Addressing sexual harassment requires institutional commitment, values-driven culture
September 8, 2020 By Mayo Clinic
Sexual harassment is not a new or rare phenomenon in the workplace, but since the #MeToo movement began in late 2017, more victims have come forward to report allegations of harassment at work, including at health care institutions.
As a health care leader, Mayo Clinic has a responsibility to champion a culture of fairness, equity and safety. To demonstrate that commitment and transparency, Mayo Clinic reviewed all sexual harassment complaints and investigations from September 2017 to September 2019 and published the results in a special article in Mayo Clinic Proceedings.
“Mayo Clinic has developed a rigorous approach to effectively and consistently address all allegations of harassment,” says Charanjit Rihal, M.D., a Mayo Clinic cardiologist and chair of the Personnel Committee, which oversees physician and scientist employment issues. “As did many other institutions, Mayo Clinic experienced an increase in sexual harassment allegations in late 2017 and early 2018, and the article reviews how these complaints were handled and whether the process aligned with institutional policies.”
Mayo Clinic’s Sexual and Other Harassment Policy was updated in 2017, just before the #MeToo movement gained prominence nationally. The policy defines all types of harassment, and how complaints are investigated and addressed.
During the two-year period reviewed, 153 allegations of sexual harassment were received and investigated, and 88 were substantiated. Of these 88 cases where individuals were found to have engaged in conduct that violated Mayo Clinic policies, 59 involved staff who were not physicians or scientists; 22 involved physicians or scientists; and seven involved patients, visitors, contractors or vendors.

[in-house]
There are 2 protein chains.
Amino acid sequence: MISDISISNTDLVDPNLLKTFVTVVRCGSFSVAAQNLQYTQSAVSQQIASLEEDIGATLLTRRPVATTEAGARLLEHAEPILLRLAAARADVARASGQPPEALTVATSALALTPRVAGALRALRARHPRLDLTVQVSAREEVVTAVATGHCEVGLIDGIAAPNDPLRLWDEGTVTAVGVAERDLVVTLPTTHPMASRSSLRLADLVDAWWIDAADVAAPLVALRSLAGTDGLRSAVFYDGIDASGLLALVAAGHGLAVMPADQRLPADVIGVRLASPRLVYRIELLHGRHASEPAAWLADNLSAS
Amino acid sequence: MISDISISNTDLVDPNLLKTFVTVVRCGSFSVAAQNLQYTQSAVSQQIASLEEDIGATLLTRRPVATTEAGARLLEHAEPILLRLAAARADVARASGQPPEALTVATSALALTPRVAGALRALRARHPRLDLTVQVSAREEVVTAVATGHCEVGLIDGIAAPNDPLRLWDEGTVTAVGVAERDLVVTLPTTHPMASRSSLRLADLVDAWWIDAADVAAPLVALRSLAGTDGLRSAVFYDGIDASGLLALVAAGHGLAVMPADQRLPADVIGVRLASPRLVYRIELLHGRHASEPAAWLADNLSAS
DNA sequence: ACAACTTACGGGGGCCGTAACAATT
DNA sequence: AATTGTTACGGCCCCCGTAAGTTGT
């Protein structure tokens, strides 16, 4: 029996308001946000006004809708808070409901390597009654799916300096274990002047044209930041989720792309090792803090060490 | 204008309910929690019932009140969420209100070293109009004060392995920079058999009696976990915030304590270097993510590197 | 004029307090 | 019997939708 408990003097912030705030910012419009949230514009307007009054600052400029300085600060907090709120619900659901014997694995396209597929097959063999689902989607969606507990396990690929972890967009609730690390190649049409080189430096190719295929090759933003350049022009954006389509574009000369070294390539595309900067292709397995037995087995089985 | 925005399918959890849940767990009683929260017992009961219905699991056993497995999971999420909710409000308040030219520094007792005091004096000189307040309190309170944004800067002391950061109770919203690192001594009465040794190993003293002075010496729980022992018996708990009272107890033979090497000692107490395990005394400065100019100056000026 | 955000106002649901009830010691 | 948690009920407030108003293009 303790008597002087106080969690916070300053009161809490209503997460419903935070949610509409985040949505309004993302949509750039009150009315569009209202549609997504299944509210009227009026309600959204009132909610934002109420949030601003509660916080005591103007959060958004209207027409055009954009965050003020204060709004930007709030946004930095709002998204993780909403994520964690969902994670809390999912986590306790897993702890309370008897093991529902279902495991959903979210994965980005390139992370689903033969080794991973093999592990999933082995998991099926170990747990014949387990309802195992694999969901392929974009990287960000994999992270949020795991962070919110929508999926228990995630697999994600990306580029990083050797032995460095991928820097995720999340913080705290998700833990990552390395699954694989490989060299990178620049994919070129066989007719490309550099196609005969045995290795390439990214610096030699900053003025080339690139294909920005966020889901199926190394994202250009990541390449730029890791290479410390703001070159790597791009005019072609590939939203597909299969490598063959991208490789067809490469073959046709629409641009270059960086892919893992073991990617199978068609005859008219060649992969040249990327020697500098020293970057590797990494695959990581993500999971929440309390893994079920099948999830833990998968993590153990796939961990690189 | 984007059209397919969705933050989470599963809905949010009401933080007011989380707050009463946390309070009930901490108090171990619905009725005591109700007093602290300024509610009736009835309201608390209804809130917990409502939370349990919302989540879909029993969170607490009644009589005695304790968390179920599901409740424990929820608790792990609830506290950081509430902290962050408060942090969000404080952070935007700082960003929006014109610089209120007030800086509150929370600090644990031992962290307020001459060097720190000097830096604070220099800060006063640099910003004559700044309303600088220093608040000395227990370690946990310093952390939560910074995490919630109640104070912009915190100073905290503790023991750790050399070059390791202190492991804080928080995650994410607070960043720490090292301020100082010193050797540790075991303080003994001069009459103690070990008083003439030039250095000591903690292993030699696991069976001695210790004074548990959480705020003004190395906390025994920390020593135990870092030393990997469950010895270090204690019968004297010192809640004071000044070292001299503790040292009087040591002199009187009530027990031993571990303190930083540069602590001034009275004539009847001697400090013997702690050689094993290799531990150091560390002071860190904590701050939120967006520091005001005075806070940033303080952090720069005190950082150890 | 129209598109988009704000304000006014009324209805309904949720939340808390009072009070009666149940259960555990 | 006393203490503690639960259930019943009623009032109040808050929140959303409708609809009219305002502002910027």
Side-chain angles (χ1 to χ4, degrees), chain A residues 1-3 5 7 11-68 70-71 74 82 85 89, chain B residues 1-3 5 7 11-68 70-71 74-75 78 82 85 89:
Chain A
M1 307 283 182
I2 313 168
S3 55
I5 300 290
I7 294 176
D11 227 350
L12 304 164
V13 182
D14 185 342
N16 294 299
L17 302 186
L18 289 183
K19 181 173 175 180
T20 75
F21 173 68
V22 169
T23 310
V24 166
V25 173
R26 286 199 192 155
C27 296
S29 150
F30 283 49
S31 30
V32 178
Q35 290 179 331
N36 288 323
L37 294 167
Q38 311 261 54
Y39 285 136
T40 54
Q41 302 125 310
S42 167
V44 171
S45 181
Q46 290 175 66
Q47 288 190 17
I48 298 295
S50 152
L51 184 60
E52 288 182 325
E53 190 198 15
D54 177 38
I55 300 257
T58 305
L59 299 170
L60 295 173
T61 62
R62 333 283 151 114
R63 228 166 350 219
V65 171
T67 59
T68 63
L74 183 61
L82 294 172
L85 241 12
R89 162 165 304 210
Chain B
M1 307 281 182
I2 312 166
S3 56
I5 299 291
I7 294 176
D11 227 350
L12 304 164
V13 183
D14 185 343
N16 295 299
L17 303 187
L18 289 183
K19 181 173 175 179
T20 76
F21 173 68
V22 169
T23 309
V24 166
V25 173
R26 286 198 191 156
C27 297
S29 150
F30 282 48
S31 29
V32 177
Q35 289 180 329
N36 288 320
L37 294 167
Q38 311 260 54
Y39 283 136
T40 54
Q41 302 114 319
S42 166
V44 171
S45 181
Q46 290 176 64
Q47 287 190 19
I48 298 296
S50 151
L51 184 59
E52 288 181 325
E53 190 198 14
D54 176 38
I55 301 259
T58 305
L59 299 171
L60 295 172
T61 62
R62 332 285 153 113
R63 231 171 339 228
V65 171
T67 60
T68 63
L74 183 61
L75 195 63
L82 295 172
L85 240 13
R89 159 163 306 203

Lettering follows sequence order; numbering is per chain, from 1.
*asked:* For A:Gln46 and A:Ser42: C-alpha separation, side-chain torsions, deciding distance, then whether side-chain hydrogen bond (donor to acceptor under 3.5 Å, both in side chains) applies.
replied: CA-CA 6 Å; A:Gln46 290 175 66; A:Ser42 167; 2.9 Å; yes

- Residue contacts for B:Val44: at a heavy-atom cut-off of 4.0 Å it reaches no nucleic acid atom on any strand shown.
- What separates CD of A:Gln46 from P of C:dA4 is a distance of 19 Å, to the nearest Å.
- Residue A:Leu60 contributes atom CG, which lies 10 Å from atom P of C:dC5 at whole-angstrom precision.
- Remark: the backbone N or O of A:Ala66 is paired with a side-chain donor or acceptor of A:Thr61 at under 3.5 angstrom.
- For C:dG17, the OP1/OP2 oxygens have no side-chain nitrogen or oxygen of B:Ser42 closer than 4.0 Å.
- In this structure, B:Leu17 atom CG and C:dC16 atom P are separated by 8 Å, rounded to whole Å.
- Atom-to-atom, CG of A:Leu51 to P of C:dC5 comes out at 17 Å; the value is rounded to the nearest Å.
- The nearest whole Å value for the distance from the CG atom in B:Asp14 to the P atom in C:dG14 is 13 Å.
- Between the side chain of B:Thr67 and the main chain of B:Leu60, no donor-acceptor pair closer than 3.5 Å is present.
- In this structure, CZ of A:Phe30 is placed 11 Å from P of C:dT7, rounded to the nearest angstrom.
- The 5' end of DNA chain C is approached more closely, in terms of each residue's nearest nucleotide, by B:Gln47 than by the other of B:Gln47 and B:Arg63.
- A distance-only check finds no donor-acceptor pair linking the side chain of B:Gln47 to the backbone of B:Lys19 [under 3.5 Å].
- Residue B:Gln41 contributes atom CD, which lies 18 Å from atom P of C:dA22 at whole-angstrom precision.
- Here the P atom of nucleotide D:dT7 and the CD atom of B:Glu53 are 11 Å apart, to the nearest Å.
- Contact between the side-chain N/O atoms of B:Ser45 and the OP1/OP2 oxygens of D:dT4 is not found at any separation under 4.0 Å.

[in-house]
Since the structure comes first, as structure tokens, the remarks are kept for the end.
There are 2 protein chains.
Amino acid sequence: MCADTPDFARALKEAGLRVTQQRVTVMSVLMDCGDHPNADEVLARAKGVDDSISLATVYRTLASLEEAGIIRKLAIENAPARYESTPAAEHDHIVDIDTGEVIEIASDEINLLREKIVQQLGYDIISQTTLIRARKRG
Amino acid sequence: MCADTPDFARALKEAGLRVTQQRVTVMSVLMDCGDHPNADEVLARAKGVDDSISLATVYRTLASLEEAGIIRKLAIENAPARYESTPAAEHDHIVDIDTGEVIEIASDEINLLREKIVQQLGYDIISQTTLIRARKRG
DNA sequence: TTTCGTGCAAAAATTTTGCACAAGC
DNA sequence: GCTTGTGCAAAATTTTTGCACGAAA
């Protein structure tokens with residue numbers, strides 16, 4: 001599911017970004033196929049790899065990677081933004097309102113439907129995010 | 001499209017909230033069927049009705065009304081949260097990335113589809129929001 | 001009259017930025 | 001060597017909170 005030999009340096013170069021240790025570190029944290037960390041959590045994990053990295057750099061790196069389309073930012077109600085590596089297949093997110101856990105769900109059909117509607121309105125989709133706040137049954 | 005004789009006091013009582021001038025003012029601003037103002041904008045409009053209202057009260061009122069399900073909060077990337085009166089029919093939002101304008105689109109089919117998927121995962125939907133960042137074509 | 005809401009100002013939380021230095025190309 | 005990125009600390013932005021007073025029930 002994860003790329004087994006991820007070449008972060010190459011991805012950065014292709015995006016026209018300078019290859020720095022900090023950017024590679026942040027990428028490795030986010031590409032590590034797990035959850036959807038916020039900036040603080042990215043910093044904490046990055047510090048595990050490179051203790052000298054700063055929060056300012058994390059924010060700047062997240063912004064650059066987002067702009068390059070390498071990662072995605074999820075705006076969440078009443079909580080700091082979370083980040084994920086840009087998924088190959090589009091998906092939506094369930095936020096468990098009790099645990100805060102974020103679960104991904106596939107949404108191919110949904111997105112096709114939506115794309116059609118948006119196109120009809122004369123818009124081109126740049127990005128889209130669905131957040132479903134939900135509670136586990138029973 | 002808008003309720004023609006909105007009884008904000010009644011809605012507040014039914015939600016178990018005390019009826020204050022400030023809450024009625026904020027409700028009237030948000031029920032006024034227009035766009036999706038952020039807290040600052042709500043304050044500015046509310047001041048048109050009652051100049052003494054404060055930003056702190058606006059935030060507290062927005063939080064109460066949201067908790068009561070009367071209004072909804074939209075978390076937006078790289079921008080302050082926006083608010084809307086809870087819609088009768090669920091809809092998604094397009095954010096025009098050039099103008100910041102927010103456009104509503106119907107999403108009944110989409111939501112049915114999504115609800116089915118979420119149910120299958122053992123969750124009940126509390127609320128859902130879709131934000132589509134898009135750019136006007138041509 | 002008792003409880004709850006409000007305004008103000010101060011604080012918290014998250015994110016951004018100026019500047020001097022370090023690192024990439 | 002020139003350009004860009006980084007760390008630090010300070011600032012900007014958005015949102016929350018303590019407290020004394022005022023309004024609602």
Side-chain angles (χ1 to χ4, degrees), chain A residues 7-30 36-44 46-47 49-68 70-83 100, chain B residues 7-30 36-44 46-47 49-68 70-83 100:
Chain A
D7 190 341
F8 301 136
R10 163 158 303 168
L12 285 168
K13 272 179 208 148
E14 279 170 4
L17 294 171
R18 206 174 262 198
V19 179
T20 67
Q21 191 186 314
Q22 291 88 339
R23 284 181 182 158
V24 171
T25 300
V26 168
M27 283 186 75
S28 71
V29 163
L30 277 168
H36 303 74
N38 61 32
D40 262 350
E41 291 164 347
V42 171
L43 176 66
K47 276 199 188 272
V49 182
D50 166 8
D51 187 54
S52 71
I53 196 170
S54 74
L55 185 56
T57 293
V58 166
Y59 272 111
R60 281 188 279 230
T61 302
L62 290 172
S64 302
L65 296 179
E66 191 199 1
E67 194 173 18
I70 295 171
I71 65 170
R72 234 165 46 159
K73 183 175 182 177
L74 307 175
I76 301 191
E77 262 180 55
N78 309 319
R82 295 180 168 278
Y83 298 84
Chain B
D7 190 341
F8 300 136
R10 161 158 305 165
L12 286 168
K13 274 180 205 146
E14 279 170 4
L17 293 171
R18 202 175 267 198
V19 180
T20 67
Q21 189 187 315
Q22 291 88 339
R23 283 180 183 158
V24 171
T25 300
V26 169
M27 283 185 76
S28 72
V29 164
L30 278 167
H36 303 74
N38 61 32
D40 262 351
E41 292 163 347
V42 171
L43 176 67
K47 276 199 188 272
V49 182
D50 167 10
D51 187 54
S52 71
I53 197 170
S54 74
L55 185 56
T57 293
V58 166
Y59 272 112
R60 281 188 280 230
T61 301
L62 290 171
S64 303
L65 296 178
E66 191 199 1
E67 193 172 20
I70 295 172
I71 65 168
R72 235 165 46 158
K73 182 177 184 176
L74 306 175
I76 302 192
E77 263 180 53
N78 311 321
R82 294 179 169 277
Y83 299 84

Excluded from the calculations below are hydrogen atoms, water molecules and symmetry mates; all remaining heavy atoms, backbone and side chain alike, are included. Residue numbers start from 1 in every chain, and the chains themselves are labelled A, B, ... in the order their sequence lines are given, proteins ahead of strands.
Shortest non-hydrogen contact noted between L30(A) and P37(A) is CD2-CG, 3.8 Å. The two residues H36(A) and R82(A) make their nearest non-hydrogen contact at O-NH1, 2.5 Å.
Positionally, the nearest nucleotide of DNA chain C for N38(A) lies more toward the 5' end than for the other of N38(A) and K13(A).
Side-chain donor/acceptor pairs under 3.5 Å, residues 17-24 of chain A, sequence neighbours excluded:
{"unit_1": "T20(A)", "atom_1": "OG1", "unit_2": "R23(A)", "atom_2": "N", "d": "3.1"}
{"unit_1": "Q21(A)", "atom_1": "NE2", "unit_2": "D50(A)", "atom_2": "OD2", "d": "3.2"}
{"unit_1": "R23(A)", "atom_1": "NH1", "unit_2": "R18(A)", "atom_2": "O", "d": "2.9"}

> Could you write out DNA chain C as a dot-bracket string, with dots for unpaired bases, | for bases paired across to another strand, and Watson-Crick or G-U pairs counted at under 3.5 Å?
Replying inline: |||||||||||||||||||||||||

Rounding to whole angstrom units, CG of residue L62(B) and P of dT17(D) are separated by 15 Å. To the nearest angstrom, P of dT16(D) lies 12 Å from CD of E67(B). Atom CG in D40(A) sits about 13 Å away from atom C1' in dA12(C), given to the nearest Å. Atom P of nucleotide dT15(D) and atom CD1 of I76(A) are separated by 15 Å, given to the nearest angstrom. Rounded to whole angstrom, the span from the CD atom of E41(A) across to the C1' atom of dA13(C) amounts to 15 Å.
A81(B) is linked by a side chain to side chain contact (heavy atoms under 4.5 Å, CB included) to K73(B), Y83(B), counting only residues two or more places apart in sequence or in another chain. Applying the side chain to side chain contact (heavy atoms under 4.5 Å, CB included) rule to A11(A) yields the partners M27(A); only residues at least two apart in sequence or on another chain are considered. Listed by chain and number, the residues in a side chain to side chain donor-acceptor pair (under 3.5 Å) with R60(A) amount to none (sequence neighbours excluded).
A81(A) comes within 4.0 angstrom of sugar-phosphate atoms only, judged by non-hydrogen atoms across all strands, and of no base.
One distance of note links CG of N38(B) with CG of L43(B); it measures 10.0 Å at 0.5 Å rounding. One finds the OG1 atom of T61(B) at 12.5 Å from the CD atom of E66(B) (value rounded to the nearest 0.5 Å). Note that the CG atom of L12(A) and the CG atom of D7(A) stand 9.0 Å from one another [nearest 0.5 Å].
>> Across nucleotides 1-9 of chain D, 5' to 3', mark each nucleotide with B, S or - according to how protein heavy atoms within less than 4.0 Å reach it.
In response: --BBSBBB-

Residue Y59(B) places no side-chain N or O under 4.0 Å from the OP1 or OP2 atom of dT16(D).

For the 88 people accused in substantiated complaints, various levels of action were taken, based on the nature and severity of the misconduct:
- 31 received formal coaching, including nine physicians or scientists.
- 22, including three physicians or scientists, received written warnings ranging from first warning to final warning.
- 35, including 10 physicians or scientists, were terminated from employment or resigned before termination.
Of the 88 substantiated reports, 71, or 80.7%, involved inappropriate comments and/or unwelcome sexual advances; 22, or 25%, involved unwanted touch or physical contact; and 16, or 18.2%, were described as electronic harassment, such as by email and text messaging.
“We found that the overwhelming number of the accused were male, and nearly half were at the same organizational levels as the victims,” says Dr. Rihal, the study’s first author. “Though more time-trend data is needed, this is consistent with other studies in that the predominant victims are women and the predominant accused are men.”
Prior to fall 2017, Mayo Clinic did not track sexual harassment separately from other types of harassment. Since early 2018, the volume of sexual harassment reports at Mayo has declined, though the reasons can be complex, including the organization’s expansive commitment to raise awareness and required training for staff. In 2019, 95% of Mayo Clinic staff completed active bystander training to learn how to support a colleague if they observe bullying, harassment or sexual harassment.
The study and article represent a rigorous commitment to addressing sexual harassment, says Cathy Fraser, Mayo Clinic’s chief human resources officer and a study co-author. “Our novel approach includes being transparent about results as we work toward elimination of sexual harassment at Mayo Clinic. Until we eliminate every case of harassment, we cannot be complacent ― period.”
Mayo Clinic staff can use many resources, including an anonymous hotline, to report concerns about sexual harassment, Fraser says. When a complaint is received, a Human Resources investigator trained in addressing sexual harassment allegations is assigned, beginning a process that involves many layers of review and can involve Mayo Clinic’s Legal Department.
“Clinical care, scientific research and health care education require highly functional teams,” says Gianrico Farrugia, M.D., Mayo Clinic’s president and CEO, and a study co-author. “When harassment occurs, victims experience serious and potentially lasting damage, team dynamics break down, and patient care may be affected. Clear policies and processes must be in place for addressing harassment of all kinds, but they’re only effective if the organization’s leaders are committed, set zero-tolerance expectations and follow through. As a global leader in health care, we are completely committed to this.”
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